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NSH NEWS

Congratulations to the 2014 Symposium/Convention Scientific poster winners
NSH
Clinical Poster Winner
P-02: Throw Away The Glass Slide: A Novel Way To Store Positive Tissue Controls And Other Tissues from Jose A. Villada, H.T. (ASCP) QIHC, UT Southwestern Medical Center, Dallas
Veterinary, Industry & Research Poster Winner
P-23: Fixation of Rat Eye Using Methacarn Solution: Comparison With Conventional Formaldehyde Fixatives from Min Zhang1; Gerald A. Campbell1; Kenneth Escobar1;Naseem H. Ansari2
From (1)Department of Pathology and (2) Department of Biochemistry and Molecular Biology, University of Texas Medical Branch, Galveston, TX; Contact: minzhang@utmb.edu
Vendor Poster Winner
P-26: Immunohistochemical Evaluation of Rabbit Monoclonal Antibody BOB1, Clone SP92 Haiping Liu, Ph.D.; Sharmini Muralitharan, Ph.D. From Thermo Fisher Scientific, Fremont, California; Contact: haiping.liu@thermofisher.com
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TOP STORIES


'Enrichment' of subjects in clinical trials is critical
Forbes
The planning of clinical trials to test new drugs for safety and effectiveness is no picnic under the best of circumstances. It requires a grasp of medicine, pharmacology and statistics, among other disciplines. However, when the disease or syndrome for which the drug is intended is not well circumscribed but is instead a spectrum of entities, it can be far more difficult. That makes the concept of "enrichment" critical.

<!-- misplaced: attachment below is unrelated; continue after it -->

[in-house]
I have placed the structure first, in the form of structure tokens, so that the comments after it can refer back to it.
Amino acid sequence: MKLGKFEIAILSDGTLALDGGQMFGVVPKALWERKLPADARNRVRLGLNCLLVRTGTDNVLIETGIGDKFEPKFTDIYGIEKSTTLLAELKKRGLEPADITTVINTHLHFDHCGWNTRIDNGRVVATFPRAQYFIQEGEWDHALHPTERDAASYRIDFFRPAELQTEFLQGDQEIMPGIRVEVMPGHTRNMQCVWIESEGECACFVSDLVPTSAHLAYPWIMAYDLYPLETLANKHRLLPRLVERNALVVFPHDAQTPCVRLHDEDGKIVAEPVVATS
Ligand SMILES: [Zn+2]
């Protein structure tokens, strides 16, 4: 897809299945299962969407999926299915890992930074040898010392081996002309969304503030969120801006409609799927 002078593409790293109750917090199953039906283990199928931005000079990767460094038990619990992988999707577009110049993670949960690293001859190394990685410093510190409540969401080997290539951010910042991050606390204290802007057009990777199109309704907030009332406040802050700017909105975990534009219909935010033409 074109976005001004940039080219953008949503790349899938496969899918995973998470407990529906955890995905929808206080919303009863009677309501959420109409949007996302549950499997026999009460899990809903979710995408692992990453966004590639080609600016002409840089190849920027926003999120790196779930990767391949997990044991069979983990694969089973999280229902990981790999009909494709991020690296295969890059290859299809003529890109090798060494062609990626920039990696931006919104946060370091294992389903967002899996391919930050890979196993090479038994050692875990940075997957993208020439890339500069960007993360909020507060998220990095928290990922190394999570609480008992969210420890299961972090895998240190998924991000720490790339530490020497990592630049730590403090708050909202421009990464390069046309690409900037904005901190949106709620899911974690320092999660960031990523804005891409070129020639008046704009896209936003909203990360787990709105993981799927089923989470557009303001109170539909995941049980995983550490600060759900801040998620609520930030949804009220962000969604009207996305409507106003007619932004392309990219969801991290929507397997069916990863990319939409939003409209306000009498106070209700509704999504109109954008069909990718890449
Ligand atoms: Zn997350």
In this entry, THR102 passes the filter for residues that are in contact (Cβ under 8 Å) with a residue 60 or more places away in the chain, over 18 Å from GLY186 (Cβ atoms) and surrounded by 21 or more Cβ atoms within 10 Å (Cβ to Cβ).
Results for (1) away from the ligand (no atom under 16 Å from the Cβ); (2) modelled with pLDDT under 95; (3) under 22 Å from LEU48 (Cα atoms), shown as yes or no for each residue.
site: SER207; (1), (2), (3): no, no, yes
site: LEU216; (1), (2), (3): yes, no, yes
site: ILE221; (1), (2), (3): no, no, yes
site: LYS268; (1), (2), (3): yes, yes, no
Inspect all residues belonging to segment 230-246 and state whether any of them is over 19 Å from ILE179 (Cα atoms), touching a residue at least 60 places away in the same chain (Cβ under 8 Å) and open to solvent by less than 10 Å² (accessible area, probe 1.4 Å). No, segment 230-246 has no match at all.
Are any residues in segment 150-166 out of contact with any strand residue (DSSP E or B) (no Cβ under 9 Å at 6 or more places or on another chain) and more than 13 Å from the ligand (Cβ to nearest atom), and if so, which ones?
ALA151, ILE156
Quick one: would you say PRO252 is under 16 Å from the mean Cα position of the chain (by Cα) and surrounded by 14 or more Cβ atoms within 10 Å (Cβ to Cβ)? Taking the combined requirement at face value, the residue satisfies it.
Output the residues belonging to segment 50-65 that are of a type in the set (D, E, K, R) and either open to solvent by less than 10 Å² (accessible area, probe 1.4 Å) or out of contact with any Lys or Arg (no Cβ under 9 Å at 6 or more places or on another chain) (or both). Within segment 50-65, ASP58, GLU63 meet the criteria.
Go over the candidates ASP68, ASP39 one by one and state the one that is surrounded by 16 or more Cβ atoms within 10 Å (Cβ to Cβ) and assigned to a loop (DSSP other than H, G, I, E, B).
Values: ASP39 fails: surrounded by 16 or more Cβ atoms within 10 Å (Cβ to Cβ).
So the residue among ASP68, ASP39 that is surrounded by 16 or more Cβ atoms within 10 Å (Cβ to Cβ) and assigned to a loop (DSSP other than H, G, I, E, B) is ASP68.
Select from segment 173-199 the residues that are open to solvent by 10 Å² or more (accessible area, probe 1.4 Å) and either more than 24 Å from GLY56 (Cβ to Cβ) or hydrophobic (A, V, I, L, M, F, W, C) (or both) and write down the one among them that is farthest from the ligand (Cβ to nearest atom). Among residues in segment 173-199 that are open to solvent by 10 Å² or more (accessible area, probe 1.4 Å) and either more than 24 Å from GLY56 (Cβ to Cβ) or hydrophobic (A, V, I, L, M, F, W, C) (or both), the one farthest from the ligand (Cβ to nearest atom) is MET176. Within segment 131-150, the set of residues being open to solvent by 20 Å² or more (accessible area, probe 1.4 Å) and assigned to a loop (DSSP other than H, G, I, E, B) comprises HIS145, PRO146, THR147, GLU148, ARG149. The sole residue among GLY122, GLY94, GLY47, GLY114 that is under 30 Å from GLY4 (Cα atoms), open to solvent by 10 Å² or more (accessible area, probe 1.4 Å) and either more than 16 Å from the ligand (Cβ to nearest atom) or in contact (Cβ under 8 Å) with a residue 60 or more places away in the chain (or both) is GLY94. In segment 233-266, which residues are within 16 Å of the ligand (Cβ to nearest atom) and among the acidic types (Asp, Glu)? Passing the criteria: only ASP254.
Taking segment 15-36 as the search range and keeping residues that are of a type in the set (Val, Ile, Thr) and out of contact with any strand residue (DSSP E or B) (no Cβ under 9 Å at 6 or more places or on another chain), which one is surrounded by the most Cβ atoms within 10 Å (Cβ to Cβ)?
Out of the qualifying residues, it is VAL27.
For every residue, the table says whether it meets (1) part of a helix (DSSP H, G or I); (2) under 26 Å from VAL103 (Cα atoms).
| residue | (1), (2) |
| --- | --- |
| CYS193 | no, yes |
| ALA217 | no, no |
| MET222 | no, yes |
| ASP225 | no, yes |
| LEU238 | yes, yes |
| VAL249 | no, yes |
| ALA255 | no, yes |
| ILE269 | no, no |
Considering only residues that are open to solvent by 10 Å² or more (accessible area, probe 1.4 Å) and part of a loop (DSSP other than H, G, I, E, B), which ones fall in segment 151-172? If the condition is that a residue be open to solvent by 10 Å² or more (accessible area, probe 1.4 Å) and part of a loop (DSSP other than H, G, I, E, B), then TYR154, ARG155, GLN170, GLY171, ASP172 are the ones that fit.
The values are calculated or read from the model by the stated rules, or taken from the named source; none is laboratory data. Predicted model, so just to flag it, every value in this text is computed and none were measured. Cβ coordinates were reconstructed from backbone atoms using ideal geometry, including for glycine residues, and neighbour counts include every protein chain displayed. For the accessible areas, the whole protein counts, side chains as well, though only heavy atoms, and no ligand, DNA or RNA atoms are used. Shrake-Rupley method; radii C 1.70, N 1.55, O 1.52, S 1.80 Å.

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SPONSORED CONTENT


Higher enrollment in Medicare Advantage plans means that more local clinical labs and pathology groups lose access to these patients
Dark Daily
Enrollment in Medicare Advantage health plans is booming. This development is not auspicious for local medical laboratories, hospital lab outreach programs, and anatomic pathology groups because the private health insurers operating these plans typically prefer to contract with national lab companies while narrowing their lab networks. The mathematics of this trend are simple. As Medicare Advantage enrollment increases, the proportion of patients covered by traditional Medicare Part B fee-for-service shrinks. The consequence is that local labs have fewer Medicare Part B patients to serve and are locked out of providing medical laboratory testing services to Medicare Advantage patients.